To Charles Thomson
Philadelphia 5th March 1794
Weeks have passed since I finished reading the first part of your translation of the Septuagent;1 but having neglected (when I had the pleasure to see you last) to ascertain the medium through which I was to return it, and being unwilling to hazard the production to an uncertain conveyance, I give this letter to the Post Office in hopes of its reaching you, & of my receiving the information above.2 ’Tis unnecessary to add that with much truth I am—Dear Sir Your Obedt Hble Servt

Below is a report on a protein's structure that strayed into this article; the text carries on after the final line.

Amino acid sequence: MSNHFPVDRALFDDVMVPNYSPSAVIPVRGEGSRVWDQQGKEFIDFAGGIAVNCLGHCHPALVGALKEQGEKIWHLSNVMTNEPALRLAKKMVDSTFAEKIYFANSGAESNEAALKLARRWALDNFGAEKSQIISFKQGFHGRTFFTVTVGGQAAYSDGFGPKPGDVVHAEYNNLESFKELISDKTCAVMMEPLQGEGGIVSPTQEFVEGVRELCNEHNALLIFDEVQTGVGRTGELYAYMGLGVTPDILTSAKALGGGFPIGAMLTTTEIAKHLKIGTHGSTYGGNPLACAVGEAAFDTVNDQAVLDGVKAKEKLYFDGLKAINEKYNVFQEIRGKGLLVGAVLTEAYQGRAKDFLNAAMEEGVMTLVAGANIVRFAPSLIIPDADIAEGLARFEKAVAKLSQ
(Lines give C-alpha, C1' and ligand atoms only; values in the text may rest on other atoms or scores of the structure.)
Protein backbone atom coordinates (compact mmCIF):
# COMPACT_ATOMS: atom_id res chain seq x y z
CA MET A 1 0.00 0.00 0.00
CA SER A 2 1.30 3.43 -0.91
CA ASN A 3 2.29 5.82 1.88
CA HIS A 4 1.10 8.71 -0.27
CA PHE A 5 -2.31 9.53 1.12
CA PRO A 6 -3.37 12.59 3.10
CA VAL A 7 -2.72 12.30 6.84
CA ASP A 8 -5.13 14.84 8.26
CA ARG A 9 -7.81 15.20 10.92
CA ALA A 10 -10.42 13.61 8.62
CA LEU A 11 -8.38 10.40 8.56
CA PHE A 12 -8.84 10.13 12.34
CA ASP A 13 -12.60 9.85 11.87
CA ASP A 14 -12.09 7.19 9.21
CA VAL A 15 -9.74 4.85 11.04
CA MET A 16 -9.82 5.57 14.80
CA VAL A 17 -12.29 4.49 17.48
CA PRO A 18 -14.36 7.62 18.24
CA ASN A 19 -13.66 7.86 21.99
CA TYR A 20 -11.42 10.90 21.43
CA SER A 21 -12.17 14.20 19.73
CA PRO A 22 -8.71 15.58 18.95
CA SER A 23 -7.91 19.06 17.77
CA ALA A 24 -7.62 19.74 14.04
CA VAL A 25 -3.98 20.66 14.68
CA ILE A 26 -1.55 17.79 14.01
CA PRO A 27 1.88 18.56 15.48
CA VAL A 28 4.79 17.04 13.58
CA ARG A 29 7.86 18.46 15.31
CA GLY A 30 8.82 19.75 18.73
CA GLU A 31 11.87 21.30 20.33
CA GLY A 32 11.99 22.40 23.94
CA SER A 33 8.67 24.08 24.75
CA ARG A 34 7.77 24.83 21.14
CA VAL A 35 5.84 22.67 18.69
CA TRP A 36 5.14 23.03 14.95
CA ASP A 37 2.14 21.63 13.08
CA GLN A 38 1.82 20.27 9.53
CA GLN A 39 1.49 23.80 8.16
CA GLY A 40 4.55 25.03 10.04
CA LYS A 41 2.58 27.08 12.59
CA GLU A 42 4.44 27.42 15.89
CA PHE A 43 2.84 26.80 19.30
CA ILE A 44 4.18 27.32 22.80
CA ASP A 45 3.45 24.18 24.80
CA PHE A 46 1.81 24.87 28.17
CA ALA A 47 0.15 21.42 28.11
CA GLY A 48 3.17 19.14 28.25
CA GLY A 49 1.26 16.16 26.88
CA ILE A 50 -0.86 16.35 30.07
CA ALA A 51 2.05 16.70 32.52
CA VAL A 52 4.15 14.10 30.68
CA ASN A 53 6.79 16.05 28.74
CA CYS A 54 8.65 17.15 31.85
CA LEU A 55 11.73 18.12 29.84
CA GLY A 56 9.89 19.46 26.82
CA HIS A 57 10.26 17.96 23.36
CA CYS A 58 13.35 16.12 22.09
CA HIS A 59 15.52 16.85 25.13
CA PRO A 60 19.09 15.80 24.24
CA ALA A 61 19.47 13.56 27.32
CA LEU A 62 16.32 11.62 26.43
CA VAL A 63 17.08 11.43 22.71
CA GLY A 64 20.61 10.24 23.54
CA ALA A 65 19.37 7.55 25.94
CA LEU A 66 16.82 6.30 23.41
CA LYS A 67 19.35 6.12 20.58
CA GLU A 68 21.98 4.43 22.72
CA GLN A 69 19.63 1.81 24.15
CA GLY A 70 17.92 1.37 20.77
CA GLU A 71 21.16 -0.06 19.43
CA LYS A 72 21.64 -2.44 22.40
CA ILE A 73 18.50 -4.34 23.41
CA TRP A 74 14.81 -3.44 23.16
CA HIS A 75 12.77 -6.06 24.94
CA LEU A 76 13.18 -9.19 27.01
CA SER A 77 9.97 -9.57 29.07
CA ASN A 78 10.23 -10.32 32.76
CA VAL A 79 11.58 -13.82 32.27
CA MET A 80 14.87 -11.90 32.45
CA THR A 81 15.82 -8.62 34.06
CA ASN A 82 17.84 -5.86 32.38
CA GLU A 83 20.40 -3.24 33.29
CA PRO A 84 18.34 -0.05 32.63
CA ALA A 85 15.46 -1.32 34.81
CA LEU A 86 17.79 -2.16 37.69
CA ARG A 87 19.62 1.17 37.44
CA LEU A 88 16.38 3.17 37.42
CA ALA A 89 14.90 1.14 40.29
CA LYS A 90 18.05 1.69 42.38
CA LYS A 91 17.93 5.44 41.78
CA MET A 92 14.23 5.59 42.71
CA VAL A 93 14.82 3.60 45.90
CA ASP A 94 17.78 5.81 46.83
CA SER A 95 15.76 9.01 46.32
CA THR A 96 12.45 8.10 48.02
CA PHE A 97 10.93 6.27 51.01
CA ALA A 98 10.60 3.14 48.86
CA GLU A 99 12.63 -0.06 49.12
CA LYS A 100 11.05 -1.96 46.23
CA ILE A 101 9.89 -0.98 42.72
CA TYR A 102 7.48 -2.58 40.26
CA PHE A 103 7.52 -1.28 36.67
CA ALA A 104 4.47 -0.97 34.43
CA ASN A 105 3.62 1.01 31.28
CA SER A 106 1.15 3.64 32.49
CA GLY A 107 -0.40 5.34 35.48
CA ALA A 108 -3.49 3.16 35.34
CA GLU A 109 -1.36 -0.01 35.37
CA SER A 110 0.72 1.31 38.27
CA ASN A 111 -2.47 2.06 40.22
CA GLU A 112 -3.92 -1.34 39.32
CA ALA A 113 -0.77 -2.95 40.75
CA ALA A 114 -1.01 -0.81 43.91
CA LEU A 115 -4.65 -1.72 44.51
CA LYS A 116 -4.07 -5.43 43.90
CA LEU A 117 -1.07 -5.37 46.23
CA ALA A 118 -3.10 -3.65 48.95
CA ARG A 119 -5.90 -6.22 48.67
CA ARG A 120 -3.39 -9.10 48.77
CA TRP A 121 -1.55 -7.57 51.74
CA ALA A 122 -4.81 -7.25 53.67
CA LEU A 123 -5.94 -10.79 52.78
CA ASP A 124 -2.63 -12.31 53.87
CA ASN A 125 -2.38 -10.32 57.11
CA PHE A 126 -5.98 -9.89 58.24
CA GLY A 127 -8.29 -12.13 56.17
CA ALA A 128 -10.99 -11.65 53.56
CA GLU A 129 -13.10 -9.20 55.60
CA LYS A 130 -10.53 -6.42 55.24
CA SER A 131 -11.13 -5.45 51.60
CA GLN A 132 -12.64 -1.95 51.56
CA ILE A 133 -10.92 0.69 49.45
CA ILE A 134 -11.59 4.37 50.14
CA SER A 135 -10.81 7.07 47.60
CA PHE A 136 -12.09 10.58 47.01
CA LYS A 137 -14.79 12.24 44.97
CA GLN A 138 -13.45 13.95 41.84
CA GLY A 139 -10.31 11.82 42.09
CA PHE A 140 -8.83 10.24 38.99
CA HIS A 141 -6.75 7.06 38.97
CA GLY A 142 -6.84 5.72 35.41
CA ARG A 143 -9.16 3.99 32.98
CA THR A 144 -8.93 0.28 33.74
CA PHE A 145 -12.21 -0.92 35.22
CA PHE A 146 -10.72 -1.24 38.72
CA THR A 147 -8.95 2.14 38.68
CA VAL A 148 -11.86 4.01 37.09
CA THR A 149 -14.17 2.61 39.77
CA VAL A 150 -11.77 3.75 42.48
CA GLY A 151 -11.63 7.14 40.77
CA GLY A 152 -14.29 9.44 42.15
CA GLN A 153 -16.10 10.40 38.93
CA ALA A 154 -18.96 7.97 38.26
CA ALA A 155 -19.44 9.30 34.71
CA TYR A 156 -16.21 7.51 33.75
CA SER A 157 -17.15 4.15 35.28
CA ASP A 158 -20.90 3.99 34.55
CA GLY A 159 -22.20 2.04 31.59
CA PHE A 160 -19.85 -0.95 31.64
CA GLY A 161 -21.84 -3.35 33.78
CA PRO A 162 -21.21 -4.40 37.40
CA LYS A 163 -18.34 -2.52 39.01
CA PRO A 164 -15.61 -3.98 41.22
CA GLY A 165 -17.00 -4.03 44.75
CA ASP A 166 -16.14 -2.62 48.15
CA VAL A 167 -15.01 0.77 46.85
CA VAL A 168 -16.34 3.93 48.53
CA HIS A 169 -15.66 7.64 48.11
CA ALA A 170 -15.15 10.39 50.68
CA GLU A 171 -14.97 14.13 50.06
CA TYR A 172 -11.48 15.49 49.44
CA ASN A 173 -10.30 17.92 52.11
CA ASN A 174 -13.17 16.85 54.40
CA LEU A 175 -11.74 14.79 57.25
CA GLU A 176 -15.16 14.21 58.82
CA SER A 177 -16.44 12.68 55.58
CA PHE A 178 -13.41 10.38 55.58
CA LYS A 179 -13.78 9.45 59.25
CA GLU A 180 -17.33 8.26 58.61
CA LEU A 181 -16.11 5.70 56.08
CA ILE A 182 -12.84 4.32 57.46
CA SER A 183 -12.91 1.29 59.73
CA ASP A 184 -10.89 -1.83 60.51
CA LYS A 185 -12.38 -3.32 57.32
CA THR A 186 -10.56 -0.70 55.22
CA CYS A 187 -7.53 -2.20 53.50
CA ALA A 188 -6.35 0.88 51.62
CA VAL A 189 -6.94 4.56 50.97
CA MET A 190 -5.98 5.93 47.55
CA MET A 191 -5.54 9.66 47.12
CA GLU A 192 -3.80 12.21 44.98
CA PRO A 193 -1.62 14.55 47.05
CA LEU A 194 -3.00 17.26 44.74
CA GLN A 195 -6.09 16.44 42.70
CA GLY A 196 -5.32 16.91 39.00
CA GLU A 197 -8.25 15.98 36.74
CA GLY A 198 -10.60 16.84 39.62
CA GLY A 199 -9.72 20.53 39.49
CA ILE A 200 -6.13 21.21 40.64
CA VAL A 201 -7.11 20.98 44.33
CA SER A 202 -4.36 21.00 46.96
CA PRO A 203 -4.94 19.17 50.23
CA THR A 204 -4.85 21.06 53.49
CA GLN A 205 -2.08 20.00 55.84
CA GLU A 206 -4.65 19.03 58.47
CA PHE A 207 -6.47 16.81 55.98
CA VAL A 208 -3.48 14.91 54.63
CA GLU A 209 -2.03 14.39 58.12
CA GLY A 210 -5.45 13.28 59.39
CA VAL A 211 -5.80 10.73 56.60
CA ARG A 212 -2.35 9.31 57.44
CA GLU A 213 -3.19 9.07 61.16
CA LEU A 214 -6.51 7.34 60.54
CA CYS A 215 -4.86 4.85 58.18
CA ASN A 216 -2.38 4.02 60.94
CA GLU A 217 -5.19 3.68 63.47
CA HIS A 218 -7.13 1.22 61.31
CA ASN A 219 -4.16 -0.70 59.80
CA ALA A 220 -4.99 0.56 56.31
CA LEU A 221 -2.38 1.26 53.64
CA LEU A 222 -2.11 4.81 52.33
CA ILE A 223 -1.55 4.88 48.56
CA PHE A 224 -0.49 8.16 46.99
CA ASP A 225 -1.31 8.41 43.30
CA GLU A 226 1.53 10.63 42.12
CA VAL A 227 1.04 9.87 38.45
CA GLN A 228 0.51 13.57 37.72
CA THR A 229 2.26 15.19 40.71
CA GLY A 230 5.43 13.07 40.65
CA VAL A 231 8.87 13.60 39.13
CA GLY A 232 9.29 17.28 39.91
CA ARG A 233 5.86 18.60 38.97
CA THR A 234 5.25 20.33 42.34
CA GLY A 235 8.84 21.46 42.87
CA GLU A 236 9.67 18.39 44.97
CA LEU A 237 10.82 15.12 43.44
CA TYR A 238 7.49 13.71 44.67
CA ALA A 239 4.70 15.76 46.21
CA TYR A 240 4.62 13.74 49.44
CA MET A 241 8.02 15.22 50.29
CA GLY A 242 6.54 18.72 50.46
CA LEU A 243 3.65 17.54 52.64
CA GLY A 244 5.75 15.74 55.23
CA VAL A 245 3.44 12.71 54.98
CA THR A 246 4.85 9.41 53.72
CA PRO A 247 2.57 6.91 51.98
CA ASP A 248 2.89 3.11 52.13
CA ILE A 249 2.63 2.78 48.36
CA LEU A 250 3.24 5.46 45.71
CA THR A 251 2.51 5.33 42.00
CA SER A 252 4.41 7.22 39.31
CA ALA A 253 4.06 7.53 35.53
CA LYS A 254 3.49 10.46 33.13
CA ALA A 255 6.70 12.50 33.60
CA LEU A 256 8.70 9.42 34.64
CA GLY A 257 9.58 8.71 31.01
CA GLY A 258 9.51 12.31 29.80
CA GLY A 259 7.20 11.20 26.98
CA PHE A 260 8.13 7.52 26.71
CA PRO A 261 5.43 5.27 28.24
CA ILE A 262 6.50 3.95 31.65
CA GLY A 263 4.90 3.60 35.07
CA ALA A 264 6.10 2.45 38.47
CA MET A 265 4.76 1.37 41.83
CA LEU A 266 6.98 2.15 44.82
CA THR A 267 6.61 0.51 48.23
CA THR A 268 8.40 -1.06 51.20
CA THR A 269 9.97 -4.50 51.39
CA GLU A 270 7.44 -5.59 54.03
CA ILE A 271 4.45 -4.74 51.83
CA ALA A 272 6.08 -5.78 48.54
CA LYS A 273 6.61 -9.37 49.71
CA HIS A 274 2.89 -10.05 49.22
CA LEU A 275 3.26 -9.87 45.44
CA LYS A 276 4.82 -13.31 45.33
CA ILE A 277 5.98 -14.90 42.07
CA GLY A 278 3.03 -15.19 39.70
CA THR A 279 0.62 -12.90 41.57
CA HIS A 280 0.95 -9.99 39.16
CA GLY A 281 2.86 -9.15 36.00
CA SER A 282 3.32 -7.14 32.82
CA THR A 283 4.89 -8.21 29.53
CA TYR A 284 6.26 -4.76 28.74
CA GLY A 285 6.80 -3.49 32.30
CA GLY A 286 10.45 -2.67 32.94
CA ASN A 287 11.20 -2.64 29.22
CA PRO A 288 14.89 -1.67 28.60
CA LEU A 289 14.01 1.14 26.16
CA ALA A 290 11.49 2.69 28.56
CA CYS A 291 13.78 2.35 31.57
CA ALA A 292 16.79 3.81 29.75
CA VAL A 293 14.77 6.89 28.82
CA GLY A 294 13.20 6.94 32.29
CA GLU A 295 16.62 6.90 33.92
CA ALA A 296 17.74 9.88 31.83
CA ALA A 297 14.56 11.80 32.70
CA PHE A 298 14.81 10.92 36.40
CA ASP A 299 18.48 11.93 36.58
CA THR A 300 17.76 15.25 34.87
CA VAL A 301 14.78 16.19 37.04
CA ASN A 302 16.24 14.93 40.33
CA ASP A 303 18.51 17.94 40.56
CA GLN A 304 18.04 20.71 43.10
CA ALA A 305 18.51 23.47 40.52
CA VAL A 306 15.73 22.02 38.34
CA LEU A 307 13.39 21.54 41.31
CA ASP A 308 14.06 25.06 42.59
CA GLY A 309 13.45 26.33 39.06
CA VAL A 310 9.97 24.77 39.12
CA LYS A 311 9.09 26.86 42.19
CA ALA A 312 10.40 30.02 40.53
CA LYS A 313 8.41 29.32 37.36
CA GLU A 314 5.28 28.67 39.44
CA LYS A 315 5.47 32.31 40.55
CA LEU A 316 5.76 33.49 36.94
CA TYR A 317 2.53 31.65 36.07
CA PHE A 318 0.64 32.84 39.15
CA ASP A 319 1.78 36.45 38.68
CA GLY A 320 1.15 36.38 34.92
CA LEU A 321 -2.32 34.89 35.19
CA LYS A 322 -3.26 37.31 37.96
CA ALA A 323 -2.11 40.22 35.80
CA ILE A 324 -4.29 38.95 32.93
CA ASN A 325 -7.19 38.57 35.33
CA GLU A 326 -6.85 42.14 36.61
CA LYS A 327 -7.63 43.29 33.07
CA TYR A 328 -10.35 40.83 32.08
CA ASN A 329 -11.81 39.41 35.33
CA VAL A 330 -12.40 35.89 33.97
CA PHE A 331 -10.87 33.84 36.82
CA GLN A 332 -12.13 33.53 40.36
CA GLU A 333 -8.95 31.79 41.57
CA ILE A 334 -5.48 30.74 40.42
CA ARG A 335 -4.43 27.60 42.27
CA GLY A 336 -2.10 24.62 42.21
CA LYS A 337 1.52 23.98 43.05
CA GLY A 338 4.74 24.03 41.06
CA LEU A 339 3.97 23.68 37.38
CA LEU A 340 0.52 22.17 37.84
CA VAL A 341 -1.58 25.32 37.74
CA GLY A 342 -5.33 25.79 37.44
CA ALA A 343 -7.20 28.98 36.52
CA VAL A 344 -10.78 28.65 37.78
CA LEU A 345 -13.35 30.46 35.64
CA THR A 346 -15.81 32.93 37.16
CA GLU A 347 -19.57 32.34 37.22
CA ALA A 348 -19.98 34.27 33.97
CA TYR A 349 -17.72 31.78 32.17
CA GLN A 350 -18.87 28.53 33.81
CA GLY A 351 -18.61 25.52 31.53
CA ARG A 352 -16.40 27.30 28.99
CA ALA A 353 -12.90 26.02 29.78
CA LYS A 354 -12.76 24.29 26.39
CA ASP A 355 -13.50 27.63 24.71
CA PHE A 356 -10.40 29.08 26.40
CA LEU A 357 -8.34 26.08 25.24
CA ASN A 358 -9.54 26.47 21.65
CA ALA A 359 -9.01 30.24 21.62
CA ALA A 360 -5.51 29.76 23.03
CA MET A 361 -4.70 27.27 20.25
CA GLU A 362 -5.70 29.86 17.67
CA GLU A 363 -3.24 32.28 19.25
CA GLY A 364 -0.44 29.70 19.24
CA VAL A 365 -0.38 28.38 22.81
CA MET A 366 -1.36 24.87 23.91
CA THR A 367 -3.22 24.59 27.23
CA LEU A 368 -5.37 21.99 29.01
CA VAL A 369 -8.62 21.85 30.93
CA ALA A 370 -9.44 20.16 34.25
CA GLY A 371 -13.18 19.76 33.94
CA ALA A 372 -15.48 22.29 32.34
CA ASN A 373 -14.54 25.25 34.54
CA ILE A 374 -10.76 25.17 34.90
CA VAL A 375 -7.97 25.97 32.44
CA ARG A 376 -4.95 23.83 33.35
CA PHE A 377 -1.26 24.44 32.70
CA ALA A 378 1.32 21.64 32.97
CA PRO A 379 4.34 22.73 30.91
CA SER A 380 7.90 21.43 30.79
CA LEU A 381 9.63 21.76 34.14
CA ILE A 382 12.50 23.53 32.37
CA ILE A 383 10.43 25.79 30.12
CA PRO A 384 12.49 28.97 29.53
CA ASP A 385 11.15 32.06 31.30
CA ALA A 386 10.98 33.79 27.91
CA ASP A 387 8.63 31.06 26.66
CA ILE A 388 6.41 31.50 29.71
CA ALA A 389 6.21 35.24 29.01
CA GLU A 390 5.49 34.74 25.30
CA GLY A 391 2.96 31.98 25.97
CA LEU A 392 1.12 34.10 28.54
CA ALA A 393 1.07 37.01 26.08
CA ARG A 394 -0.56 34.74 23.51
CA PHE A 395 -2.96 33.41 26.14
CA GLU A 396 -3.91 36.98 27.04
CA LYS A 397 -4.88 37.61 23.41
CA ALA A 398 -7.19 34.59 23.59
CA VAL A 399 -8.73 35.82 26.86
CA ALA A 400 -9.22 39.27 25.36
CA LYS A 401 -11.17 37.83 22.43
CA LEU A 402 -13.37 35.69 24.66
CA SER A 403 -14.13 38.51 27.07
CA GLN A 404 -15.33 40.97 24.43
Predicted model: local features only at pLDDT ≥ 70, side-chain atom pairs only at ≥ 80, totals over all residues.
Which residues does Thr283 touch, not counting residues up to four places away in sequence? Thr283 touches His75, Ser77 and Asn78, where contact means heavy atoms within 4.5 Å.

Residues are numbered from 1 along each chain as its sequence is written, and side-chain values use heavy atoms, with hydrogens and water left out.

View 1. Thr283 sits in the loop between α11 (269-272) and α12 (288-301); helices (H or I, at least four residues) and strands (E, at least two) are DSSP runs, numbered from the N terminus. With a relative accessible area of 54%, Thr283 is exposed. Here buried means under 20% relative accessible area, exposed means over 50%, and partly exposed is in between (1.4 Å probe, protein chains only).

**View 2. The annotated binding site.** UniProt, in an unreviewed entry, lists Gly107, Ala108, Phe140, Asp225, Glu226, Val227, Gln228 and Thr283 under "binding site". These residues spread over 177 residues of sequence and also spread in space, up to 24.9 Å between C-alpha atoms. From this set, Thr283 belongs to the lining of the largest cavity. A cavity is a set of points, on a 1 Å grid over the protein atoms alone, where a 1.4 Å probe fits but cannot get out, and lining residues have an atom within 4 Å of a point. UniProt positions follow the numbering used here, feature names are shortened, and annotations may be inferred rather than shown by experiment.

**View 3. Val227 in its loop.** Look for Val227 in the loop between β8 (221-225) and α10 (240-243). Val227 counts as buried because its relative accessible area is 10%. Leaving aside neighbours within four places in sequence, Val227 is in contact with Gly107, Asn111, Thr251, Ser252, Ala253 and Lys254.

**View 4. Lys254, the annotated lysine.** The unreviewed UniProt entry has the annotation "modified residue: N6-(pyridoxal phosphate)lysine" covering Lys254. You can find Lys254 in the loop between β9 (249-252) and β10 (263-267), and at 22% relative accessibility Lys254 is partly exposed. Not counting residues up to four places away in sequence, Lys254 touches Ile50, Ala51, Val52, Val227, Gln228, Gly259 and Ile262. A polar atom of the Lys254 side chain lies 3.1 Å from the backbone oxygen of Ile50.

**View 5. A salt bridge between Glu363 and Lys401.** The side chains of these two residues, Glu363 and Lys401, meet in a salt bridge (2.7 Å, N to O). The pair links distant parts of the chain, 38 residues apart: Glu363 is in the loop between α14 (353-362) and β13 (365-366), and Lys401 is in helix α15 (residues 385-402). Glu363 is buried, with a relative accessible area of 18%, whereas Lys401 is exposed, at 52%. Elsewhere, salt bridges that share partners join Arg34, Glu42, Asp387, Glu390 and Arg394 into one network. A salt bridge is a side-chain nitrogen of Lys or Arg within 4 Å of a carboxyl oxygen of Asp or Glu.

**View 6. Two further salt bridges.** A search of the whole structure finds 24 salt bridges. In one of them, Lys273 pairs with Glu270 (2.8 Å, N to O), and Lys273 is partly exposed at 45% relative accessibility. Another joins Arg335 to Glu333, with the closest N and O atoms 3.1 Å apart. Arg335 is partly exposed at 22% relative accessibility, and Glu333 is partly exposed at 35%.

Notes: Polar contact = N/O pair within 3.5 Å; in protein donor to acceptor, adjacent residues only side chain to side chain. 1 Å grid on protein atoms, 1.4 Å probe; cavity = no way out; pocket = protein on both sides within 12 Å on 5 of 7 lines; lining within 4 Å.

ALS, Phi: Dreer Collection. The postal stamps on the cover read “5 MR” and “FREE.” GW addressed the cover to “Charles Thompson, Esqr. Chester County.”
1. The Septuagint is the oldest extant Greek translation of the Hebrew Bible, circa 250 B.C. Thomson later published a four-volume work entitled The Holy Bible, Containing the Old and New Covenant, Commonly Called the Old and New Testament: Translated from the Greek (Philadelphia, 1808).
2. Thomson currently resided near Philadelphia, at Harriton, his estate in Montgomery County, Pennsylvania.